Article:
dd if=/dev/random of=/cf/boot/keys/nas.key bs=128k count=1

Next I destroyed the partition on the first disk to go and configured it for encryption with geli:

dd if=/dev/zero of=/dev/ad10 bs=512 count=10
geli init -b -K /cf/boot/keys/nas.key -s 4096 -l 256 /dev/ad10
geli attach -k /cf/boot/keys/nas.key /dev/ad10

Repeat with other drives (ad8 in this case) and create a mirror:

zpool create -m none nas-pool1 mirror /dev/ad10.eli /dev/ad8.eli

Next edit /cf/boot/loader.conf to enter the passphrases at boot time:


Reboot and make sure it works, then add additional drives and resilver. Peace of mind restored!

Categories: FreeNAS

Timeouts for Oracle XA datasources in JBoss EAP 6

The documentation for configuring datasources in JBoss EAP 6 is somewhat lacking when it comes to timeouts. Normally this is fine, but what if there are network issues? With the wrong timeout settings the application can hang until it is killed and restarted. With proper timeouts it can handle an outage and recover.

Here is an example:

<xa-datasource jndi-name="java:/AppDS" pool-name="AppDS">
  <xa-datasource-property name="URL">
  <xa-datasource-property name="nativeXA">true</xa-datasource-property>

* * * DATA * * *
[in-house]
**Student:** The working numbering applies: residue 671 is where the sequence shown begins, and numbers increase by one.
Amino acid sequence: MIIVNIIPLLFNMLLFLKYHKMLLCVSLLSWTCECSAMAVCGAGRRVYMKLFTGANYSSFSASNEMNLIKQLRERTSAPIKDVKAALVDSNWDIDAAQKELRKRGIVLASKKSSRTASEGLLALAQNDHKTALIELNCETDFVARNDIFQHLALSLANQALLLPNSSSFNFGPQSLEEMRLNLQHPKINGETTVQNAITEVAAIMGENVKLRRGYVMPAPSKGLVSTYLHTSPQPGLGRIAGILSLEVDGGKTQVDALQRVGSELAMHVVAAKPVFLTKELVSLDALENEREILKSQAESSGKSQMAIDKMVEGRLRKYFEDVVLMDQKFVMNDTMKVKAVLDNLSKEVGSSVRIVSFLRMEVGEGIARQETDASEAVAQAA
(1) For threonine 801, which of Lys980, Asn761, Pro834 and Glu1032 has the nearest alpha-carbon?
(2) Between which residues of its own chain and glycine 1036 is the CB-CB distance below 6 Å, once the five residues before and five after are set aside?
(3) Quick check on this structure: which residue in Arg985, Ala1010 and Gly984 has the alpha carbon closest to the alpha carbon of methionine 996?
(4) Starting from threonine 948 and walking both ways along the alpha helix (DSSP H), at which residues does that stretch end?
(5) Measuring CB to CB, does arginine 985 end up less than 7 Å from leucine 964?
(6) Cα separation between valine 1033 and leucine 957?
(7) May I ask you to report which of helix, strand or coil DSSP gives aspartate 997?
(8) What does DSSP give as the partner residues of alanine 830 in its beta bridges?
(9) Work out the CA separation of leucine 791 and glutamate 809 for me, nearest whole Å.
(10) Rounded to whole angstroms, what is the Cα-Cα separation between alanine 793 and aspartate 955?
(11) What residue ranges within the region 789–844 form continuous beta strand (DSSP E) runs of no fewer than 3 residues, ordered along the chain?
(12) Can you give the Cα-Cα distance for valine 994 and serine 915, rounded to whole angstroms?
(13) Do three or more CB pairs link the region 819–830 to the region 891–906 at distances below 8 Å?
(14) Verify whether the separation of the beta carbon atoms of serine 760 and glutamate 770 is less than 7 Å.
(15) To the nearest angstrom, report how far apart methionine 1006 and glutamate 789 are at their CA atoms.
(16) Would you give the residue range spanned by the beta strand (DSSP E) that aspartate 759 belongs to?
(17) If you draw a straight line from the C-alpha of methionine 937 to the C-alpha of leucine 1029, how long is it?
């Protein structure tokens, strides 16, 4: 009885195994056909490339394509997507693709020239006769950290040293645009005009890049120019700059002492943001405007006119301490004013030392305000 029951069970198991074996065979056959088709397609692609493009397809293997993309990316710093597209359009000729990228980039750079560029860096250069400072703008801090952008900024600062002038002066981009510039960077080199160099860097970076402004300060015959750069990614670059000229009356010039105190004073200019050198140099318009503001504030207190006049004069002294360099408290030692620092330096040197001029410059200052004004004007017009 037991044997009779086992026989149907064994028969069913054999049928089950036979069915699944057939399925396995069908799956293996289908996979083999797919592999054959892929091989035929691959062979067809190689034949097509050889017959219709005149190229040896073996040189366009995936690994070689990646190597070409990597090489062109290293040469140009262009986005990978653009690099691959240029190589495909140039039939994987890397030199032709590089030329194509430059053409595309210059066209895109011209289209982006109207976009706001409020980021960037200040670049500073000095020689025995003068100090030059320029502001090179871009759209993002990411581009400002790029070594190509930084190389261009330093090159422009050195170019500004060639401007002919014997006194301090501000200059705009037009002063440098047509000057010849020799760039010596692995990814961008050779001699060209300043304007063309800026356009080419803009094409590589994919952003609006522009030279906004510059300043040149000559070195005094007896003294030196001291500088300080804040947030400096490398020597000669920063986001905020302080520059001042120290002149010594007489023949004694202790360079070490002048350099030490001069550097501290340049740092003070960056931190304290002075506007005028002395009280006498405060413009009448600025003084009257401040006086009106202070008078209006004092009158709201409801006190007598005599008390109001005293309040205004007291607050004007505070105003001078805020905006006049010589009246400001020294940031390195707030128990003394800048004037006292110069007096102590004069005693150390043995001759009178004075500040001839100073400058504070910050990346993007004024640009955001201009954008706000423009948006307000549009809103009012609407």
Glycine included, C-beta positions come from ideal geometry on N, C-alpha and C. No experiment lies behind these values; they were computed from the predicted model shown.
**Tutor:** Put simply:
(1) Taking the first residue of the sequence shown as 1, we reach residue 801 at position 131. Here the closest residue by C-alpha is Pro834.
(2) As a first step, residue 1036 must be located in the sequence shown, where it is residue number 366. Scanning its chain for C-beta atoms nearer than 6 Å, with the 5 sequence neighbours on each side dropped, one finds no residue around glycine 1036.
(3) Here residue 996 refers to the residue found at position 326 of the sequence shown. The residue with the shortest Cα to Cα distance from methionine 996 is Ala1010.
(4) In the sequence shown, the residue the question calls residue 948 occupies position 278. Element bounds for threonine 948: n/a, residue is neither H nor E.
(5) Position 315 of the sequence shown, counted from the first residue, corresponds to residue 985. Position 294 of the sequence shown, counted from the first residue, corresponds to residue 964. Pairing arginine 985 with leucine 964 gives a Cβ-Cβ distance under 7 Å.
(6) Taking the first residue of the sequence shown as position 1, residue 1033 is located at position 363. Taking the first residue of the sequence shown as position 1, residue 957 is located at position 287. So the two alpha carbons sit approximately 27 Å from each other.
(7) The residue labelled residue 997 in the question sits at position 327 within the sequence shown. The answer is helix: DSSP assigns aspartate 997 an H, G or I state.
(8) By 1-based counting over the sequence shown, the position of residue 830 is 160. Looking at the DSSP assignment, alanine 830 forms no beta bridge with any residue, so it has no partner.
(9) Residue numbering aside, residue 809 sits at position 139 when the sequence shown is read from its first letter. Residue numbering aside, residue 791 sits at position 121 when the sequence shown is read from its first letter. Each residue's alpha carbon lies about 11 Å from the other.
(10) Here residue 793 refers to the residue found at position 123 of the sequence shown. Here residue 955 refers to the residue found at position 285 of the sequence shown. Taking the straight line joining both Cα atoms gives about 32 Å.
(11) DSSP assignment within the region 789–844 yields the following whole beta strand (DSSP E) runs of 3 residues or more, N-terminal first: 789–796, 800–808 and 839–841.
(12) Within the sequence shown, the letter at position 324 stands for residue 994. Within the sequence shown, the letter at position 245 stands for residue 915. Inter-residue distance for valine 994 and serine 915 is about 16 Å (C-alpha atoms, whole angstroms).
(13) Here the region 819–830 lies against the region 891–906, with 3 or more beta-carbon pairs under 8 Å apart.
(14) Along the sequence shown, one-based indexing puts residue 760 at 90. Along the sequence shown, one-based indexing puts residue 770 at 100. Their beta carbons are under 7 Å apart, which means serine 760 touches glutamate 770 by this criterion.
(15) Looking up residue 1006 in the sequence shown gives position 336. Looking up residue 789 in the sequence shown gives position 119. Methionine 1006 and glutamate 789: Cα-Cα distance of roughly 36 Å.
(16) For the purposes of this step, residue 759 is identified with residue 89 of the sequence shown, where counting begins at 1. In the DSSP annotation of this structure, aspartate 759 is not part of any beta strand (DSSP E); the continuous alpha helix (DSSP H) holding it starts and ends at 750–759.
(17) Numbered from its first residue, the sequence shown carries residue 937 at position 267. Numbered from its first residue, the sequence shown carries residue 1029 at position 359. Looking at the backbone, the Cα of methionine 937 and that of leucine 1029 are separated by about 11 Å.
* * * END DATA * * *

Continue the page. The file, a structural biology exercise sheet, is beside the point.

<xa-datasource-property name="ConnectionProperties">
    <valid-connection-checker class-name=
    <stale-connection-checker class-name=
    <exception-sorter class-name=
  <recovery no-recovery="false">

The oracle.jdbc.ReadTimeout is essential. It sets the network timeout on the socket, making reads time out eventually in the face of a broken connection. The default TCP timeout for established connections is very long, so it is important to set a value. It should be larger than the transaction timeouts. The query timeout and tx-query-timeout both limit the time that individual statements can take. The query timeout is used when there is no transaction, otherwise the remaining time until transaction timeout is used.

Note that read timeout is in milliseconds, query timeout is in seconds.

Categories: Java, Networking, Oracle